The new, optional SAT Essay is scored differently, using a different scale, and it bears no weight on your total SAT score.
To learn more about SAT scores, read CollegeVine’s What Is a Good SAT Score?
How is the new SAT essay scored?
The optional essay cannot be scored by computer since its answers are not multiple-choice or grid-in. Instead, each SAT essay is read by two qualified readers. The readers each assign a score from one to four in three different dimensions: Reading, Analysis, and Writing.
If the scores assigned by the readers to any single dimension vary by more than one point, a scoring director will read the essay to resolve the discrepancy.
The points assigned in each dimension are then totaled, resulting in a score range for each dimension between two and eight. The dimension scores are added together to result in a total score ranging from 6-24.
You can read more about the SAT Essay scoring process and preview the scoring rubric on CollegeBoard’s SAT Essay Scoring site.
A lot happens after test day to ensure that your test is scored fairly and accurately.
After you turn in your answer sheet, it is carefully tracked until it's delivered to our processing center.
Scanning and Analysis
Your answer sheet is scanned and the resulting file of answers is analyzed by our system. The system takes the circles that you filled in and calculates your raw score. Because there’s no penalty for guessing, your raw score is the number of questions you answered correctly.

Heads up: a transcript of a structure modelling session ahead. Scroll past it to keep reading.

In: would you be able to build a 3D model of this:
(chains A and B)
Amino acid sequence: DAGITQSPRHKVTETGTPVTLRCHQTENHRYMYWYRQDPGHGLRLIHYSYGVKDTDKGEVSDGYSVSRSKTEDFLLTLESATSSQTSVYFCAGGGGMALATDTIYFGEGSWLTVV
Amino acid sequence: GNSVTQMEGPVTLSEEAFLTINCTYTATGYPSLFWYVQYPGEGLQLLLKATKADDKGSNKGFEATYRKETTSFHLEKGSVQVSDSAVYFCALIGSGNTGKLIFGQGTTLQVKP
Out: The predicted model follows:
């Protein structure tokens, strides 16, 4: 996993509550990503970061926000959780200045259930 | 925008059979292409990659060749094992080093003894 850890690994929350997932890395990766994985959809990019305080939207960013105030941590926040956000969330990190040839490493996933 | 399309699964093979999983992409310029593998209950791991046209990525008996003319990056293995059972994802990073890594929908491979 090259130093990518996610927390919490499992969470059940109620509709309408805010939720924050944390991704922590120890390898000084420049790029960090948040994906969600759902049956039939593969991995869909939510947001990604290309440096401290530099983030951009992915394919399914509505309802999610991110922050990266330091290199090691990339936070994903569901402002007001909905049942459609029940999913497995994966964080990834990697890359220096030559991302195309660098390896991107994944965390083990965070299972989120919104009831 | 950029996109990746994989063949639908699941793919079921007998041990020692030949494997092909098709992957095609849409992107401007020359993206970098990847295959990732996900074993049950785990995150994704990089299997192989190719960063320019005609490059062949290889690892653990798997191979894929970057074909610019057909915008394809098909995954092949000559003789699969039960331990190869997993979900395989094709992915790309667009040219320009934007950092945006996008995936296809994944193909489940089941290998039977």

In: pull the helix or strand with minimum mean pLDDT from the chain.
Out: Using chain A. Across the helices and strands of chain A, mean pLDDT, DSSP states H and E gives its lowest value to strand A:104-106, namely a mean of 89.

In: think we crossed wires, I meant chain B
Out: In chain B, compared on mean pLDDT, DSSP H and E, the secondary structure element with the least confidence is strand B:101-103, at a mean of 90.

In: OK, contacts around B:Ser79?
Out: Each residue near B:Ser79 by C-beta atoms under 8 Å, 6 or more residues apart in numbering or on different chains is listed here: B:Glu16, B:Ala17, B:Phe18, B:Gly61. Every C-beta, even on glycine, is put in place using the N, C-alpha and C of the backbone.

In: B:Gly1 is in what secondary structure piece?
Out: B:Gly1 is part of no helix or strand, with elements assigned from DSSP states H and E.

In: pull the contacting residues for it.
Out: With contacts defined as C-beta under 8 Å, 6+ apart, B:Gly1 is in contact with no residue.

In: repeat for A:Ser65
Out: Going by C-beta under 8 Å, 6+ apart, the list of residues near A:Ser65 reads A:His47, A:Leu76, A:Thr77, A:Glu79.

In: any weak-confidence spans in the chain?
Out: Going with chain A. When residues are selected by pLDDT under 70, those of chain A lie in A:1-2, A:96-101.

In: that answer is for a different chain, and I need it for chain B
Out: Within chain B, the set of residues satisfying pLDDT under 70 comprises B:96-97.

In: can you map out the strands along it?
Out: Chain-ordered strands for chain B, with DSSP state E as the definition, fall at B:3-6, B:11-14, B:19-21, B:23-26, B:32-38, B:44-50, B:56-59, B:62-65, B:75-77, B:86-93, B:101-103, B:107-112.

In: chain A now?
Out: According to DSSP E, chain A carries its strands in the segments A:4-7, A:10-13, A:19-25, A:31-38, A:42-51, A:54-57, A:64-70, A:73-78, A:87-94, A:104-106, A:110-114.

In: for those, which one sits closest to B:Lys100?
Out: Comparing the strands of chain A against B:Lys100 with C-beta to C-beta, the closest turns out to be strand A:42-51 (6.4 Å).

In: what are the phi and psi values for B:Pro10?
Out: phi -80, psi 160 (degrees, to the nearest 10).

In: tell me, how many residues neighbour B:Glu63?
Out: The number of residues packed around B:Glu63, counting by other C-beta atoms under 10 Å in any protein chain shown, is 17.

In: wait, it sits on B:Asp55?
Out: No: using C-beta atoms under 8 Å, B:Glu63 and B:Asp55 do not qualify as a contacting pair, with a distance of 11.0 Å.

We monitor the scanning accuracy of SAT answer sheets through several quality assurance checks, including alignment checks and double scanning of documents.
Here’s what you can do to make sure your answer sheet is scanned accurately:
- Use a No. 2 pencil and a soft eraser. Do not use a pen or mechanical pencil.
- Make sure you fill in the entire circle darkly and completely.
- If you change your response, erase as completely as possible.
SAT Essay Scoring
Essays are scanned and then scored independently by two qualified scorers. We ensure consistent, high-quality evaluation through ongoing training of essay scorers and the use of uniform standards. This means that:
- The training process for readers continues even after they initially qualify.
- The accuracy and fairness of the readers are evaluated regularly and frequently.
- Scoring leaders review readers' scoring of selected essays, and provide feedback via phone and the web when appropriate.
- Web-based scoring enables leaders to monitor readers in real time, informed by reports on inter-rater reliability and other statistics.
Learn how readers score the new SAT Essay or find out about essay scoring before March 2016.
Conversion to Scaled Score
Your raw score is converted to a scaled score of 200 to 800 points, the score you see on your score report. We use a process that adjusts for slight differences in difficulty between various versions of the test (such as versions taken on different days).
We do this to make sure there’s no advantage in taking the test on a particular day. A score of 400, for instance, on one day’s test means the same thing as a 400 on a test taken on a different day—even though the questions are different.
If you registered for the SAT online or you registered by mail and set up a College Board account, you’ll get an email telling you how to sign into your online score report when scores are ready.
Your score report includes a detailed breakdown of your scores, information about what your scores mean, and how your scores compare to those of other test-takers. You'll be able to see your essay online if you took the SAT with Essay.
Find out when to expect scores.
Learn how to interpret scores.
Scores Delivered to Schools and Colleges
If you chose score recipients before scores were released, those colleges and scholarship programs will get your score report shortly after you do. Your high school, district, and state will be able to see your scores online, too.
Learn how to send scores.